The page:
Patched, luminescent cobras, owls, kites (Milvus migrans)l on strings serenading lanterns, boxes, circles, squares, rings, rectangles, crowns…. to the accompaniment of drum beats and tribal dance steps.
I was at Delhi International Kite Flying festival ( December 2012) where paper aviators kept pace with the variegated flavor of India Gate grounds….a ‘kite’ tree sprouting snazzy spindles, kites in bamboo, tissue paper, elastic paper and cloth; chintzy bangles and gift items – a concession to women visitors; dancers, hawkers, spectators, school children conscious of their winter uniforms, the silks and traditional Indian salwar – kameez vying for attention with western wear and the awed tourist hounded by persistent photographers selling slice of British- Indian history under the watchful eyes of city cops.
Kites had been introduced (another product) in India by Chinese travelers F Hien and Hsuan Tsang in 4th and 7th. Century and captured the collective imagination of the country. Festivals and public holidays, especially ‘Makar Shakranti’ on January 14 and Republic Day on January 26 are special days when kites jostle for celestial space. International kite festivals in Jaipur and Ahmedabad coincide with Makar Shankranti* festival.
I was always fascinated by the soaring kite and would stalk my four brothers, they refused to let a girl fly a kite, carrying their ‘charki’ (holder for glass coated thread or manjha). It required a certain amount of skill as I had to release the thread avoiding tangles and follow the flyer on parapets and edges as he released the diamond shaped ‘Patang’ or ‘guddia’ over the mango trees. Any sign of squeamishness and I would be promptly banished from the terrace. I did pick up a few tricks, a slight flick can maneuver the direction and outcome, and tried it years later at Surfside beach near Houston, USA where my son had no option but to hand me the string.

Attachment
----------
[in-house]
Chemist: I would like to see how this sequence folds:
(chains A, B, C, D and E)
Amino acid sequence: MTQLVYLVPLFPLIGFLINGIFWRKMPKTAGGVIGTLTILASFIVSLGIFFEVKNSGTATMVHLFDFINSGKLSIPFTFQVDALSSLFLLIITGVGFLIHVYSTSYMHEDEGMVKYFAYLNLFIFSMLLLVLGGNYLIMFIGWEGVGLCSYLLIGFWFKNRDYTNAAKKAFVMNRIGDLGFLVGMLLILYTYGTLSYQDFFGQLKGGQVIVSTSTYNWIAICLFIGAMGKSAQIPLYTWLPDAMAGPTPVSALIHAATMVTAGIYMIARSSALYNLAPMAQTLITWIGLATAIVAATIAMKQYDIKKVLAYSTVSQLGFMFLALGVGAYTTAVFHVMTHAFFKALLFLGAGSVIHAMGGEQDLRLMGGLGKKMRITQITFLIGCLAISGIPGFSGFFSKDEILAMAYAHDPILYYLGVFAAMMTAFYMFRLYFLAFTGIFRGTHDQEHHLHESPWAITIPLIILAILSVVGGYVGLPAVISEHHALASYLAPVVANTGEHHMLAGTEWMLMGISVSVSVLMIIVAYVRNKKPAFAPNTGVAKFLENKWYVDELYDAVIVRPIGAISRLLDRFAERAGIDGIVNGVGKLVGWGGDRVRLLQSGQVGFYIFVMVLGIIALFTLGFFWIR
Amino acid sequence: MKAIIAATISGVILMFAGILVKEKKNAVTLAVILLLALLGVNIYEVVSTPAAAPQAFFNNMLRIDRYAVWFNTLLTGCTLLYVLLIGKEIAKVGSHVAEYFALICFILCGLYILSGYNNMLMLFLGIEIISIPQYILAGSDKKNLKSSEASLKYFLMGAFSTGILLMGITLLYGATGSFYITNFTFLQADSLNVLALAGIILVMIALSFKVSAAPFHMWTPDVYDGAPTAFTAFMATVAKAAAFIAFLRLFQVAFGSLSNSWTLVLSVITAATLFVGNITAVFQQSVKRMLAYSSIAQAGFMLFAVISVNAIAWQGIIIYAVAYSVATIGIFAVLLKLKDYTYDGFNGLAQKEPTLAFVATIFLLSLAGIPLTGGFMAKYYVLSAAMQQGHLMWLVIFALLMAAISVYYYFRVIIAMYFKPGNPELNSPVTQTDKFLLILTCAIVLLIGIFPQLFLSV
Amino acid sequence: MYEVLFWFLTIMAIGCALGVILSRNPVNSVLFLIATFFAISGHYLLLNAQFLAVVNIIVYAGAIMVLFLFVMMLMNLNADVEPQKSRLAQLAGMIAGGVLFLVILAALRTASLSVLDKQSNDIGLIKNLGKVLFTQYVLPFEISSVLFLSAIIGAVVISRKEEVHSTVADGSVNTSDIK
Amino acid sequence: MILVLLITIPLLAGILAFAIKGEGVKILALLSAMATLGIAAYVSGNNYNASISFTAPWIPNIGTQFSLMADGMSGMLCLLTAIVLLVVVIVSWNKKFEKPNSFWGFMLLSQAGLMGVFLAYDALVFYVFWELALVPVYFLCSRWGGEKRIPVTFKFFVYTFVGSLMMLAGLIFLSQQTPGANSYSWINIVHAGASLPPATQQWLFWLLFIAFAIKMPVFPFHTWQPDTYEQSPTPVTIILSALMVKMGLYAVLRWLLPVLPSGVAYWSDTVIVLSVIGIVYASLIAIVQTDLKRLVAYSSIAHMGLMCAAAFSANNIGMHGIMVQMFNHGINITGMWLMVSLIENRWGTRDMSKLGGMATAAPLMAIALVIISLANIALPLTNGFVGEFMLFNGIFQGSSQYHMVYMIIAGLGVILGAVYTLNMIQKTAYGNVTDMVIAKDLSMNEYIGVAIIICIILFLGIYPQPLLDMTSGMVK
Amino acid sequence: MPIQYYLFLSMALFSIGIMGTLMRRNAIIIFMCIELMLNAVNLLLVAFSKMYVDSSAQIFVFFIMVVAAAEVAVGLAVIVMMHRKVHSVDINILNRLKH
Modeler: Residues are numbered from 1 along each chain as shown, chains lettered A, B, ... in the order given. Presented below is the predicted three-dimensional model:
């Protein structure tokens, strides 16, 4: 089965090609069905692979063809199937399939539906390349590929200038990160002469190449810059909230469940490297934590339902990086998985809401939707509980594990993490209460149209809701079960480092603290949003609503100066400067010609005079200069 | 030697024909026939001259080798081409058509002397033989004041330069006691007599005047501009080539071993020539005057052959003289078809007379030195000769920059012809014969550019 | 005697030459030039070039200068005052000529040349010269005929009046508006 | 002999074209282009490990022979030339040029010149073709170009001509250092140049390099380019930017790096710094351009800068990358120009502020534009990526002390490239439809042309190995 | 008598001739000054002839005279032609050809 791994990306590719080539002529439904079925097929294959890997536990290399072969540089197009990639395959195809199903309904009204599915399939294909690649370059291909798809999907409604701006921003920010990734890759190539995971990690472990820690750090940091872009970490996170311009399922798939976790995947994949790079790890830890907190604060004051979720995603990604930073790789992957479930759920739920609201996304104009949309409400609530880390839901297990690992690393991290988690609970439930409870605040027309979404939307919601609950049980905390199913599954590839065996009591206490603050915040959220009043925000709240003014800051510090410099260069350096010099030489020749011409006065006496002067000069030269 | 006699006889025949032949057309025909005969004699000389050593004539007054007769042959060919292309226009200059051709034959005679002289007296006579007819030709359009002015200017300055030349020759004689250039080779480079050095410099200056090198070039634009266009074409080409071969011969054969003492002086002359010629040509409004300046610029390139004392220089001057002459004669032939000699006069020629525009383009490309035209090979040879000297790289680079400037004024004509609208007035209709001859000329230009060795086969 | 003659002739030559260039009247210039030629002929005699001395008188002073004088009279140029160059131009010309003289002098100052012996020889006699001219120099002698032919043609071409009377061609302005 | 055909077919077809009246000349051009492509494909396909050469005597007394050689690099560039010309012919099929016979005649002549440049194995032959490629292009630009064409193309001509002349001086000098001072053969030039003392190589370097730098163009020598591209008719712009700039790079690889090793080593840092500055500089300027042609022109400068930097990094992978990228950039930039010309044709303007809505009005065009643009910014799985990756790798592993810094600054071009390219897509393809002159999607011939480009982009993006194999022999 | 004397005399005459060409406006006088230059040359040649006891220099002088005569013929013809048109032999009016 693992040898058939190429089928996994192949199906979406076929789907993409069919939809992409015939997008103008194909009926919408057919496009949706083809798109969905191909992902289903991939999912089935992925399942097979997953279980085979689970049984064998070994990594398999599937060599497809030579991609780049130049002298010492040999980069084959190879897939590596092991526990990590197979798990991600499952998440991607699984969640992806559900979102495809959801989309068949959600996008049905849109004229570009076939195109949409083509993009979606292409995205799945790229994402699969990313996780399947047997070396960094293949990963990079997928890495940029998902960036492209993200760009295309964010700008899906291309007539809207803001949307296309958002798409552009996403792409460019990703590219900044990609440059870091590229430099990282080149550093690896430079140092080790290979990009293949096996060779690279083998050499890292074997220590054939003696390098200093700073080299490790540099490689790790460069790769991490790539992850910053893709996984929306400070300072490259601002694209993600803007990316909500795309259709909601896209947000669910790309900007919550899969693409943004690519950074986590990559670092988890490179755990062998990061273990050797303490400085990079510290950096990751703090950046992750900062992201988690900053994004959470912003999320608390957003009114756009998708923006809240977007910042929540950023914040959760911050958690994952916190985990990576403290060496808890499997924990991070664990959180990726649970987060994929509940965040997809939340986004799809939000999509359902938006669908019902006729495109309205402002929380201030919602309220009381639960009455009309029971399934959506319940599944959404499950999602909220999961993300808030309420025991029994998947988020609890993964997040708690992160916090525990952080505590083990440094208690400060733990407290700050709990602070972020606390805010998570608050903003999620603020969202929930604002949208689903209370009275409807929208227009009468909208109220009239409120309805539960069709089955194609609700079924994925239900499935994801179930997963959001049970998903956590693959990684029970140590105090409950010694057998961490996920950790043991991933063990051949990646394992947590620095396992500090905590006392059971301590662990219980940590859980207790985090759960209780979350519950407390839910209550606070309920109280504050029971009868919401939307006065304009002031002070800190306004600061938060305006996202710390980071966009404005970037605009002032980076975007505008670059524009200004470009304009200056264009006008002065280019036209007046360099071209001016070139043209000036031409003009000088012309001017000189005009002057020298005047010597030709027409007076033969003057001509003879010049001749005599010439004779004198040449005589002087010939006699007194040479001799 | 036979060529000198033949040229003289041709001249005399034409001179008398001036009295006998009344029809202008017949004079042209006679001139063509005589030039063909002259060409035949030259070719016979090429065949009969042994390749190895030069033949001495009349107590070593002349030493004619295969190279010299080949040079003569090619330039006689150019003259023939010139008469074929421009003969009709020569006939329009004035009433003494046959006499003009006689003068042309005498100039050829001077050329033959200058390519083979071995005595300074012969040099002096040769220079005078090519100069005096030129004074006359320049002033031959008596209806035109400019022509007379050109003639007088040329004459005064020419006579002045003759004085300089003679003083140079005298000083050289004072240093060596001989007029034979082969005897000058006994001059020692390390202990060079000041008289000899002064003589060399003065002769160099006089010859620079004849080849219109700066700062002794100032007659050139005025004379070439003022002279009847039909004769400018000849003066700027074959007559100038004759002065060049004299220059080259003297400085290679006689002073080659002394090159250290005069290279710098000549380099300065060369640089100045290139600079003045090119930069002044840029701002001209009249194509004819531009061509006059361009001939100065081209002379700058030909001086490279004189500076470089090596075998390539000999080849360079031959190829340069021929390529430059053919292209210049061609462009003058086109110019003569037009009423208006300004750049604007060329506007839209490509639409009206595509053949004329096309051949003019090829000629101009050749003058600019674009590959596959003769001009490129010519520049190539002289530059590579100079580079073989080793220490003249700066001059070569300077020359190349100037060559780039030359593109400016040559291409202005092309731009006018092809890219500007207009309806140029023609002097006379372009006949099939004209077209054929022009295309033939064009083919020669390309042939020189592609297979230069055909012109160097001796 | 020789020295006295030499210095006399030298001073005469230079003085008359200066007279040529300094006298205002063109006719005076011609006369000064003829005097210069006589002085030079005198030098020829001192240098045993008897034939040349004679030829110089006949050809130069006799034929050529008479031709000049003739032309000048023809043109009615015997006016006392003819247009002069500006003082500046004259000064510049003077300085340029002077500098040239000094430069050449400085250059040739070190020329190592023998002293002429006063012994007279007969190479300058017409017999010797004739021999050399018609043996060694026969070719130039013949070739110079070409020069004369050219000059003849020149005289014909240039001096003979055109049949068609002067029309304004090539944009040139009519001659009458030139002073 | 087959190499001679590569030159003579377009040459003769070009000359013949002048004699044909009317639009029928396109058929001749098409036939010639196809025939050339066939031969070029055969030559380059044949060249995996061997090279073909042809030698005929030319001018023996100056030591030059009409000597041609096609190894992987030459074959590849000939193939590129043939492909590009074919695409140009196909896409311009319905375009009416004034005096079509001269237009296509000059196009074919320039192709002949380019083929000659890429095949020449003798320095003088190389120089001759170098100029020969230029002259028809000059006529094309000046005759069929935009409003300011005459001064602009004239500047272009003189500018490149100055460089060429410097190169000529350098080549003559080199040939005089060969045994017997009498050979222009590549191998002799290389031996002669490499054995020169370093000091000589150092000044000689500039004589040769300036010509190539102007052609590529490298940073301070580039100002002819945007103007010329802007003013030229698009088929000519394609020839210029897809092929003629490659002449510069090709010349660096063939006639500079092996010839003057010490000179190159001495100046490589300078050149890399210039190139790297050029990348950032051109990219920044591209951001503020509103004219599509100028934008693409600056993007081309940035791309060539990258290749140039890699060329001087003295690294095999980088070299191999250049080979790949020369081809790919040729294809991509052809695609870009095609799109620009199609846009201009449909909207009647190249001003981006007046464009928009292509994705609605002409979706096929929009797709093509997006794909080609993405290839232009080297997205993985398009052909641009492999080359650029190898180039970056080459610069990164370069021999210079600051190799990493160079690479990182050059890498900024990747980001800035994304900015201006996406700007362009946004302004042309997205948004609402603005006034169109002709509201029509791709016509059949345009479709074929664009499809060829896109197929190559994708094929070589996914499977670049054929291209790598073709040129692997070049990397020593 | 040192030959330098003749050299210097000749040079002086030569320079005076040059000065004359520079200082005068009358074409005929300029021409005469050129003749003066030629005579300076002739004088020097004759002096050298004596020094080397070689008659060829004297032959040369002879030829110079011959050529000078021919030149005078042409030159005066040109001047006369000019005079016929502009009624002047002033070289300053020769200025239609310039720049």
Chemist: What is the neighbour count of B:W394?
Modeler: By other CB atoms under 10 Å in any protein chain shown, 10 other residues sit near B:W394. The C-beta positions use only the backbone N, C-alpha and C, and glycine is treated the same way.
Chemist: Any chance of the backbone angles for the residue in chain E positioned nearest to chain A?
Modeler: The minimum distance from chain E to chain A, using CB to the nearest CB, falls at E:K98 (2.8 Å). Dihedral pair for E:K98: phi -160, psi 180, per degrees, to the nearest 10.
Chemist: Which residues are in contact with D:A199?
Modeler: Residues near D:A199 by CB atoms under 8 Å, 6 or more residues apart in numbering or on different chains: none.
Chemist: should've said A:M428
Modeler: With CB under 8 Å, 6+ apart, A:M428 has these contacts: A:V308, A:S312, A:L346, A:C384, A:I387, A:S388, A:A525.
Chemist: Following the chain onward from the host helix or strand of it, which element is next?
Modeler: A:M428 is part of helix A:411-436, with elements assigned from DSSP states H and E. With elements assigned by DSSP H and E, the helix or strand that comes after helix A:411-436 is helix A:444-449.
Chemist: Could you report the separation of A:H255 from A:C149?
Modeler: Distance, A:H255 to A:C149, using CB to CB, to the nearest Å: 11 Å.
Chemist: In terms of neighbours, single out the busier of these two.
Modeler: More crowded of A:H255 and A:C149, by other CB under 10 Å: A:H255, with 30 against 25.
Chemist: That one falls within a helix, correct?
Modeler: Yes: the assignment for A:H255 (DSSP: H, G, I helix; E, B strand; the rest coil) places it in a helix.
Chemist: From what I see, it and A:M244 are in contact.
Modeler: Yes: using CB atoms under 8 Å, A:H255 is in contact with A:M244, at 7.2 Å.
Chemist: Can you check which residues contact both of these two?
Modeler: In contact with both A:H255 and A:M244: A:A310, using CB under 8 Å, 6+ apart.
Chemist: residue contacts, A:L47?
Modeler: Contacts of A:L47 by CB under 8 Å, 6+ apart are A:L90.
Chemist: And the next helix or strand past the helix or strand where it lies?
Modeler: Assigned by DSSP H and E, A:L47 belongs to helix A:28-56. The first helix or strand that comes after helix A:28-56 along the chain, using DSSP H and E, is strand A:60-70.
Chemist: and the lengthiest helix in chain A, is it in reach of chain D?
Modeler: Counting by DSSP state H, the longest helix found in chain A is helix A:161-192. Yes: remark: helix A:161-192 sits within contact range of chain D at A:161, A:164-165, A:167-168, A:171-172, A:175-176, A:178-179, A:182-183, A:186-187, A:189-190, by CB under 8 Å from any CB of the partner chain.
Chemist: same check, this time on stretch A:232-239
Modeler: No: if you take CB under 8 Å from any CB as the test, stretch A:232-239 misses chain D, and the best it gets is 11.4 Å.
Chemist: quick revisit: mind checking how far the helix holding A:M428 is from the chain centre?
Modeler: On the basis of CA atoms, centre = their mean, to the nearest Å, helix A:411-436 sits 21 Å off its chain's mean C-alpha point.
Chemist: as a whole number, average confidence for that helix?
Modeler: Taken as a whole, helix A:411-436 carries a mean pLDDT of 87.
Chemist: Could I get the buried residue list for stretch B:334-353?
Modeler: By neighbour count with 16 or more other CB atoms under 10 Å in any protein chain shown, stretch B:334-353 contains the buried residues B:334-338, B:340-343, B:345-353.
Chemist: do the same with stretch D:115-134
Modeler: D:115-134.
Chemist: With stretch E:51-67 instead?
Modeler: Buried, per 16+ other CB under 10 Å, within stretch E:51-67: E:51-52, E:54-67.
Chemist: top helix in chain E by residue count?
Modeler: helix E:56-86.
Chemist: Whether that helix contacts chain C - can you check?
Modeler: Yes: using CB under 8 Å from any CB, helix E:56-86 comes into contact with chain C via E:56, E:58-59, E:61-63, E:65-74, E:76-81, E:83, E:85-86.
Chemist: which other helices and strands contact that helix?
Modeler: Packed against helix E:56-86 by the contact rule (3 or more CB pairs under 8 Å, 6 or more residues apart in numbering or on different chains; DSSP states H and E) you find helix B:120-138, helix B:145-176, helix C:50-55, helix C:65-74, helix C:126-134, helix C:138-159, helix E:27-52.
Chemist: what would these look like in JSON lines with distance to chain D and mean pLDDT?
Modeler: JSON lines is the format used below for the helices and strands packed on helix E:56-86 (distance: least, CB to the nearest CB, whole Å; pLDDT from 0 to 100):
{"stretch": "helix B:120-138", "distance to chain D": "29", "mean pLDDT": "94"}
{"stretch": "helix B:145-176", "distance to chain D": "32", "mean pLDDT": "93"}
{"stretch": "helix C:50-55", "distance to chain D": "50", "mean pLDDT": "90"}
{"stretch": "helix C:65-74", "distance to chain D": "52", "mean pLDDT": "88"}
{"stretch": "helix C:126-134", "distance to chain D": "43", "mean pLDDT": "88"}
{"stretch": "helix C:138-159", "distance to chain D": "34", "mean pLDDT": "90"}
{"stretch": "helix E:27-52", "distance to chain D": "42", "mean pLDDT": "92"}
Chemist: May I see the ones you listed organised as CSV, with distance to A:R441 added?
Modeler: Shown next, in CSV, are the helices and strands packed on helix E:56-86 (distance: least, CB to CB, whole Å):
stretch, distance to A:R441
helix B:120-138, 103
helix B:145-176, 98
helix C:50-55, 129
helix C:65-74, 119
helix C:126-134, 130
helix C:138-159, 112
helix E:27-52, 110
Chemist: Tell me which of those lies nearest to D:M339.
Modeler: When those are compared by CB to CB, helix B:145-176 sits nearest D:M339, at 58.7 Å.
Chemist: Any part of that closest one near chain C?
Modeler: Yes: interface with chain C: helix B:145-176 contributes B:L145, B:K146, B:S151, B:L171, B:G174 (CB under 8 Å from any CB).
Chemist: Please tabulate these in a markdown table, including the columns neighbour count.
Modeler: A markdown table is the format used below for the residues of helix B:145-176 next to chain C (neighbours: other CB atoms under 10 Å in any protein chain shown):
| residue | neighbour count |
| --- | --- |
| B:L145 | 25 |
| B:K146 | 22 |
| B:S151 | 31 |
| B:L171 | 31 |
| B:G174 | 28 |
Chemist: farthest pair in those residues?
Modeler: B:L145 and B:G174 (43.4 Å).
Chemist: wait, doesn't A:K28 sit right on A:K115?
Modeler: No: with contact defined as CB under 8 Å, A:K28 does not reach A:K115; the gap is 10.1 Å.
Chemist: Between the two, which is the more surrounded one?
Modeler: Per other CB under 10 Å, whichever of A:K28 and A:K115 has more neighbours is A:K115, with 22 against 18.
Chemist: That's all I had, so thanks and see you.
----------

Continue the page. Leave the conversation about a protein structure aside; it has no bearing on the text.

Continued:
Kites followed me to New Delhi and would wait for the aerial ballet of dozens of kites let loose over Delhi skies, confusing the avian population, on 26th January (Republic Day). The ‘cut’ kites were chased by eyes glued to the dipping kite till it would get entangled in a tree or electric wires. The loot would occasionally end in scuffles between groups and the torn kite left forlorn on ground.
Travels and growing children wrinkled kite fascination to movies and novels* and it was an unscheduled visit to the Delhi kite festival that brought back memories of flying paper on sunny winter afternoons.
* The Kite Runner by Khaled Hosseini * *http://en.wikipedia.org/wiki/The_Kite_Runner